By Daniel Teboul
Last Friday at 2pm, we decided to go to Lille and attend Benoit Hamon’s last political rally before the second round of the French Socialist primary. We went there with a stranger that we contacted one hour before the trip via Blablacar (and whom we paid directly, avoiding any taxes and government involvement), ate at a MacDonald’s, and rode a driverless subway across the city. This journey could not have been more appropriate as we were going to see the candidate who stands for workers, ecological and societal transitions, advocates a universal wage, wants to compensate for the jobs lost to machines through a new tax, and put an end to unregulated markets.
Lille, or “The Metropolis,” and the “Saint Savior” sporting arena were no meaningless venue choices. It is, as guest speakers one by one reminded us, a stadium that remained empty for years, in the heart of the “city of the workers.” Left wing since the late 19th century, Lille is the birth place of The International. Do these choices mean that Hamon sees himself as Fritz Lang’s hero: a working class prophet who will put an end to the class struggle and revolutionize society?
Although only history will answer this question, Friday’s rally can give us a hint. Hamon was radically different from the usual, moderated, serene character that he presented throughout the campaign. His opening remark at the Japy rally (another highly symbolic place for French socialists), the first major rally of his campaign, was a joke about Macron’s prophetic attitude and more specifically the way that he ended his rally of the previous day: looking up to the sky with his arms wide open while shrieking “Vive la république; vive la France.” Yet, the closing remark of Hamon’s last meeting was performed with the same high-pitched tone and open arms. All throughout his campaign, Benoit was an advocate of the “for” and not the “against” politics, as Francois Lamy, a deputy and former minister reminded us. Yet, during this last meeting, Hamon explained the dangerousness of Fillon and Le Pen, qualifying a vote for him to be a vote against them.
Since September, and even more so in the last month with live debates, Hamon has known how to set the issues at stake. He quickly swept the usual questions about migrants, gay marriage, education, terrorism and growth from the public debate to try and be the one who presents a true, complete and ambitious project. A project summarized in one flagship measure: the universal wage. Yesterday, again, he narrowed down what differentiated him from Valls, Macron or the center-right and right-wing candidate: his philosophical understanding of liberty. Whereas his opponents believe in “negative liberty” (liberty as the absence of concrete obstacles such as the government and taxes), the Socialist favorite believes in “positive liberty,” actively making everyone more equal, as “the poor who cannot eat or live a decent life, cannot be free.”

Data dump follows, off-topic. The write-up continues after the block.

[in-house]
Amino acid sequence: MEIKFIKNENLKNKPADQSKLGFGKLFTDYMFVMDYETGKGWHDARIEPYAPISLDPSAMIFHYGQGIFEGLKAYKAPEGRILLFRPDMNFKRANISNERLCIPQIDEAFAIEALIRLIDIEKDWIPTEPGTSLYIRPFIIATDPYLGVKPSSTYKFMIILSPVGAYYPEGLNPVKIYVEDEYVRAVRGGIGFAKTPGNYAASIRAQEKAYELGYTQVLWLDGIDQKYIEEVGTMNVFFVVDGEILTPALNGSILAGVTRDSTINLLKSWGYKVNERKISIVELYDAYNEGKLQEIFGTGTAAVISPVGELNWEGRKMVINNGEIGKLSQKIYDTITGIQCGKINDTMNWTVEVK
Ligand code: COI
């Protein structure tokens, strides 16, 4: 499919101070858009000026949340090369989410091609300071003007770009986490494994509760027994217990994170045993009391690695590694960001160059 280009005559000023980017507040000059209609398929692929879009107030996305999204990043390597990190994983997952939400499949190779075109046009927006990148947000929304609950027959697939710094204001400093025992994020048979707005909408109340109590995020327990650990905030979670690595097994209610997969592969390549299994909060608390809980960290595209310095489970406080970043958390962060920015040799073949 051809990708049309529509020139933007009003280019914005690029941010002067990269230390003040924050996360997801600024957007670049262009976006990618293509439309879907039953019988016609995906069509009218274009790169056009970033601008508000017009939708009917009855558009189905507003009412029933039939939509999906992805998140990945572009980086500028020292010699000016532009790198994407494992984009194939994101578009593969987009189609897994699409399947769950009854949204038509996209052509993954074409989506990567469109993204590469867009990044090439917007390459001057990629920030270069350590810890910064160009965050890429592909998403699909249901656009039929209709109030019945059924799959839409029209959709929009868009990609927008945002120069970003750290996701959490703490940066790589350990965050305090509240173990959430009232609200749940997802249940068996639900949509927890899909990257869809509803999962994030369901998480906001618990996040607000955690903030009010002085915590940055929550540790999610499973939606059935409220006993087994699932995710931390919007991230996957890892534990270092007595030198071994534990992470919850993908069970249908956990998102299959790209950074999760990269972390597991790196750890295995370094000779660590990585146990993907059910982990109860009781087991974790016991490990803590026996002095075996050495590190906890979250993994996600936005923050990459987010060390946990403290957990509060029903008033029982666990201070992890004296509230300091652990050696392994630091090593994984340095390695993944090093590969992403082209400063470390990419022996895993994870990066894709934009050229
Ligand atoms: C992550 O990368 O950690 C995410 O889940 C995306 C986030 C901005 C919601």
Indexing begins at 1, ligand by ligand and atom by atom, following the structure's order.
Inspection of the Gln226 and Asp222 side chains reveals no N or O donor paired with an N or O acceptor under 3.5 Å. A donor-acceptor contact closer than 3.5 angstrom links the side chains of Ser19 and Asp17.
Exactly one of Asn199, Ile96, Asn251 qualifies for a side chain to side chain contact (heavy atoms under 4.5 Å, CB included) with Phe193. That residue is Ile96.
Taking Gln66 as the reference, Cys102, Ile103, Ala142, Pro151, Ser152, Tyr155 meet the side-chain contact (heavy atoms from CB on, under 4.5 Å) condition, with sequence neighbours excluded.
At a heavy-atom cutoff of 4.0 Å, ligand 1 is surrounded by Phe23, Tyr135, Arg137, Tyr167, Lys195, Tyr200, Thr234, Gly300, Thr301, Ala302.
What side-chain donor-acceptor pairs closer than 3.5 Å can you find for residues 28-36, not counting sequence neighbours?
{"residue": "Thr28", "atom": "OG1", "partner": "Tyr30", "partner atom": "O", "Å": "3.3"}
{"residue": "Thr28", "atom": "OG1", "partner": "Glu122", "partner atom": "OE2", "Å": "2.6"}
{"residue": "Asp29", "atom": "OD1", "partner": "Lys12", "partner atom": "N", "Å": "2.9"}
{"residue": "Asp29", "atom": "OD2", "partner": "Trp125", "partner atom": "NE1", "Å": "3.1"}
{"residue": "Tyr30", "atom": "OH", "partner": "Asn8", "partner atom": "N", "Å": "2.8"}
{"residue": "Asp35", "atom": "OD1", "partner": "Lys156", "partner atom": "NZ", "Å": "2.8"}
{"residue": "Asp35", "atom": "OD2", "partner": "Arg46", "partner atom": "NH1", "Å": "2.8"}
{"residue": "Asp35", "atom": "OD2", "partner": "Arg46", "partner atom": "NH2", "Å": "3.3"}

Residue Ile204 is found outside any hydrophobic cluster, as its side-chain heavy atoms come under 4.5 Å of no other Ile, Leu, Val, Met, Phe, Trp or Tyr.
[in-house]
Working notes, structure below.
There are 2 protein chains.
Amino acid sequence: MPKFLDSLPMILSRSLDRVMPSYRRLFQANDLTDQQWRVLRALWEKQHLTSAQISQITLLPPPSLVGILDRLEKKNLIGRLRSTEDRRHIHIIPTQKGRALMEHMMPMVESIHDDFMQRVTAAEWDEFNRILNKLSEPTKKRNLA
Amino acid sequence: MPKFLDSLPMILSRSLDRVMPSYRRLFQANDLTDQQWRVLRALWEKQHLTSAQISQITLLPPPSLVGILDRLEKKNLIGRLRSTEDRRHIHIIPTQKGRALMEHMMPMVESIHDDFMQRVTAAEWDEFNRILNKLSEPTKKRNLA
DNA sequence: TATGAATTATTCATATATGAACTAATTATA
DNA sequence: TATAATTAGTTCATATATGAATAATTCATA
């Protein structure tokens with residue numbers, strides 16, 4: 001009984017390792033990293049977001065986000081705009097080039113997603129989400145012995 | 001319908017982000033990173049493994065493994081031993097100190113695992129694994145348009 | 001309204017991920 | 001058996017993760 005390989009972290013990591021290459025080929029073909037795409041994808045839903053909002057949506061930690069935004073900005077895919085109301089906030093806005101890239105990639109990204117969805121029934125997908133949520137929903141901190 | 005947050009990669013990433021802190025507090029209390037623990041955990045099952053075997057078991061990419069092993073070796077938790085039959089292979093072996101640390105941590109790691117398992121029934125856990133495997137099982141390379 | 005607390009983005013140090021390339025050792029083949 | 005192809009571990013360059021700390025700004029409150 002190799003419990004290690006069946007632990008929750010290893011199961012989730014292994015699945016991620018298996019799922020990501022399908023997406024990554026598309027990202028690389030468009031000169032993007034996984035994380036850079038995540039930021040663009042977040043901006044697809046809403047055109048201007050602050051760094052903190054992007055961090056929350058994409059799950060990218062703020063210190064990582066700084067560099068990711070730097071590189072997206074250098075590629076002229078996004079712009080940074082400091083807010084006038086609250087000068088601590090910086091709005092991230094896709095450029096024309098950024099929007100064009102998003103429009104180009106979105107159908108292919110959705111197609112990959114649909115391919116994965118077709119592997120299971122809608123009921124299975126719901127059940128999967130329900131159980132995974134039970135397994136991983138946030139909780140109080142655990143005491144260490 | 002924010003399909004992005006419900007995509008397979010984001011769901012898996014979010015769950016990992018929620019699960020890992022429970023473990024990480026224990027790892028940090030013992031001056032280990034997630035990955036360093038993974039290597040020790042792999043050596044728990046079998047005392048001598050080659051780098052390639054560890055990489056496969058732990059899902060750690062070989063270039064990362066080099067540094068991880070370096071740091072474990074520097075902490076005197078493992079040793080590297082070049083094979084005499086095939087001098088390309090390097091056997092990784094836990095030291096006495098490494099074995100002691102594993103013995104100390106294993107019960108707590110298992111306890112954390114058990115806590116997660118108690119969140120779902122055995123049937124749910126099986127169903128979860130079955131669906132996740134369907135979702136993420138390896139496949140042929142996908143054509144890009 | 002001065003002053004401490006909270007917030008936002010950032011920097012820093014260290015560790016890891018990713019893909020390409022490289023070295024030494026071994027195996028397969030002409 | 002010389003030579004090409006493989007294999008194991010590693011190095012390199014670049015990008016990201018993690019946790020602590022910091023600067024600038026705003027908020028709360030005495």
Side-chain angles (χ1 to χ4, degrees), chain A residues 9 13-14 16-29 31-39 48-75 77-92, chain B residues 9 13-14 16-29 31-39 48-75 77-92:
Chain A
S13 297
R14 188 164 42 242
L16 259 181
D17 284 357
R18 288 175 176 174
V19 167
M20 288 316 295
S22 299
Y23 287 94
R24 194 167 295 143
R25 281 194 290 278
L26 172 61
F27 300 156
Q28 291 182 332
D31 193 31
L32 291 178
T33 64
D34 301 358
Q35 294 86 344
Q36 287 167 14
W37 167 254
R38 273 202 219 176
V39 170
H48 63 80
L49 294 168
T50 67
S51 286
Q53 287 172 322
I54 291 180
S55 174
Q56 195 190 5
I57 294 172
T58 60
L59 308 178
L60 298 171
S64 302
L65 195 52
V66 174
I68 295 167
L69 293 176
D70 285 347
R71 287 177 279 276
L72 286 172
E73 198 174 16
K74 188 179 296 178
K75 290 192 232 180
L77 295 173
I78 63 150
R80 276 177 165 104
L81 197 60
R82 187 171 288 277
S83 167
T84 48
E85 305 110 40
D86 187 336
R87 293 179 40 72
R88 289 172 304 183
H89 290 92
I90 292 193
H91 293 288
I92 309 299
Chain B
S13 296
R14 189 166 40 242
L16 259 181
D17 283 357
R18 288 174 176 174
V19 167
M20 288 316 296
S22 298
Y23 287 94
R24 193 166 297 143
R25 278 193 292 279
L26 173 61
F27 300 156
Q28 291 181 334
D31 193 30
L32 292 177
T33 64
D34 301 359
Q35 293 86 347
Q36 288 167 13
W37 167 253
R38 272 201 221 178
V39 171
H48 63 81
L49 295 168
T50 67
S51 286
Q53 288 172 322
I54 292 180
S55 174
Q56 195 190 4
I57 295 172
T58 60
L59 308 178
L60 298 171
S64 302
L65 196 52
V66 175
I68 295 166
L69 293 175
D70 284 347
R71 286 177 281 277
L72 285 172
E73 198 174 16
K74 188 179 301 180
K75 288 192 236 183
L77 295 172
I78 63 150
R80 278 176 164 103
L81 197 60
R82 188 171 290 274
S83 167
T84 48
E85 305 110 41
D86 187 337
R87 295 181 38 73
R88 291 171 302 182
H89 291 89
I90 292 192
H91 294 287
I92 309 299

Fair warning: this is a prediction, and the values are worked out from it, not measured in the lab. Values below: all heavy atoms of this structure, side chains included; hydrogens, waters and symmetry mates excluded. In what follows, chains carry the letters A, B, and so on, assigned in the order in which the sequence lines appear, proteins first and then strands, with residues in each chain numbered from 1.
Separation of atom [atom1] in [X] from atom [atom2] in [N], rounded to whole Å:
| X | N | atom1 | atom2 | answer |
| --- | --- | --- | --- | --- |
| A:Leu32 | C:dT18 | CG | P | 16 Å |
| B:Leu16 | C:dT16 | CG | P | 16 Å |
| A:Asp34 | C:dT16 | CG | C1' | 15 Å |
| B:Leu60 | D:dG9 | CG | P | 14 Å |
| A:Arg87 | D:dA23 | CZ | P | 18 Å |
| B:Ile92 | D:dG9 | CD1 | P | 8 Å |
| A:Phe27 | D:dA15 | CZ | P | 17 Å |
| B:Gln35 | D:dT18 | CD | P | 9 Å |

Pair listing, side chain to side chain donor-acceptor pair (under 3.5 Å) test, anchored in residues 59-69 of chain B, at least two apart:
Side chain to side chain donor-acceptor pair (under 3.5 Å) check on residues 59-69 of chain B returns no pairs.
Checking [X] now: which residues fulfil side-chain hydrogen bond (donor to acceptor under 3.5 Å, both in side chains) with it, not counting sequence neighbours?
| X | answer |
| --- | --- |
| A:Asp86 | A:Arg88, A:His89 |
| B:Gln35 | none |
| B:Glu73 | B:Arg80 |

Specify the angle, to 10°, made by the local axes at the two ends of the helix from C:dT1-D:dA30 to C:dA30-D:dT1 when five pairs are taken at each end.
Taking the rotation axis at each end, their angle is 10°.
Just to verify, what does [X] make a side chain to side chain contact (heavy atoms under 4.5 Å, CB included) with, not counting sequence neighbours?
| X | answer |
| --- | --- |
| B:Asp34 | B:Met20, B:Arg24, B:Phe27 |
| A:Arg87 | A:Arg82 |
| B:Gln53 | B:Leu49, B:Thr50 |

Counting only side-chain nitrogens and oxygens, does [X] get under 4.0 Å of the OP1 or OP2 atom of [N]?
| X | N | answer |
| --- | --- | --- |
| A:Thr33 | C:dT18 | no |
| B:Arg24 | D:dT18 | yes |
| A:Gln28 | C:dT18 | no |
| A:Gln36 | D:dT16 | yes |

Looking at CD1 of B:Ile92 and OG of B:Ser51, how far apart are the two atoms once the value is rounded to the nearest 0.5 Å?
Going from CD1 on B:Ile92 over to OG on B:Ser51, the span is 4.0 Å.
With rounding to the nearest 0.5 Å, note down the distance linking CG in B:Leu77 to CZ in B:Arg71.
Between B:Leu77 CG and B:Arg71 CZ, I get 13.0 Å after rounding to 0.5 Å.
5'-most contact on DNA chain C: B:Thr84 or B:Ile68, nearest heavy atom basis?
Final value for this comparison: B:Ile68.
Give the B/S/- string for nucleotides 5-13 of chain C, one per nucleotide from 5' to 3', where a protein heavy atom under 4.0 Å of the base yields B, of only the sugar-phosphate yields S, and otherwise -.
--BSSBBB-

Desiring to appear confident, Hamon seemed to have already won the primary. The enemy was no longer Valls but Fillon, Macron and Le Pen; the goal was not to oppose one vision of the left against another but rather to oppose the philosophical beliefs and the moral bases of Socialism to the conservatism of Fillon. But before all, Hamon attempted to offer a new vision of politics with one central word: desire.
As his sympathizers explained, Hamon’s plan seduces because it is ambitious and beautiful. He wants to offer a desirable alternative, “make what is desirable possible and not what is possible desirable” as he said. This is a new step for him who, up until now, dedicated his energy to proving to socialist skeptics that his project was possible and realistic. Finally, he directly attacked the more traditional, establishment candidates such as Fillon and, to a certain extent, Valls, by setting his rebellious crowd on fire with an unusually aggressive and blunt warning: “remember that those whom you see campaigning wearing slim fitted suits and overcoats are those who bend the knees when they govern!”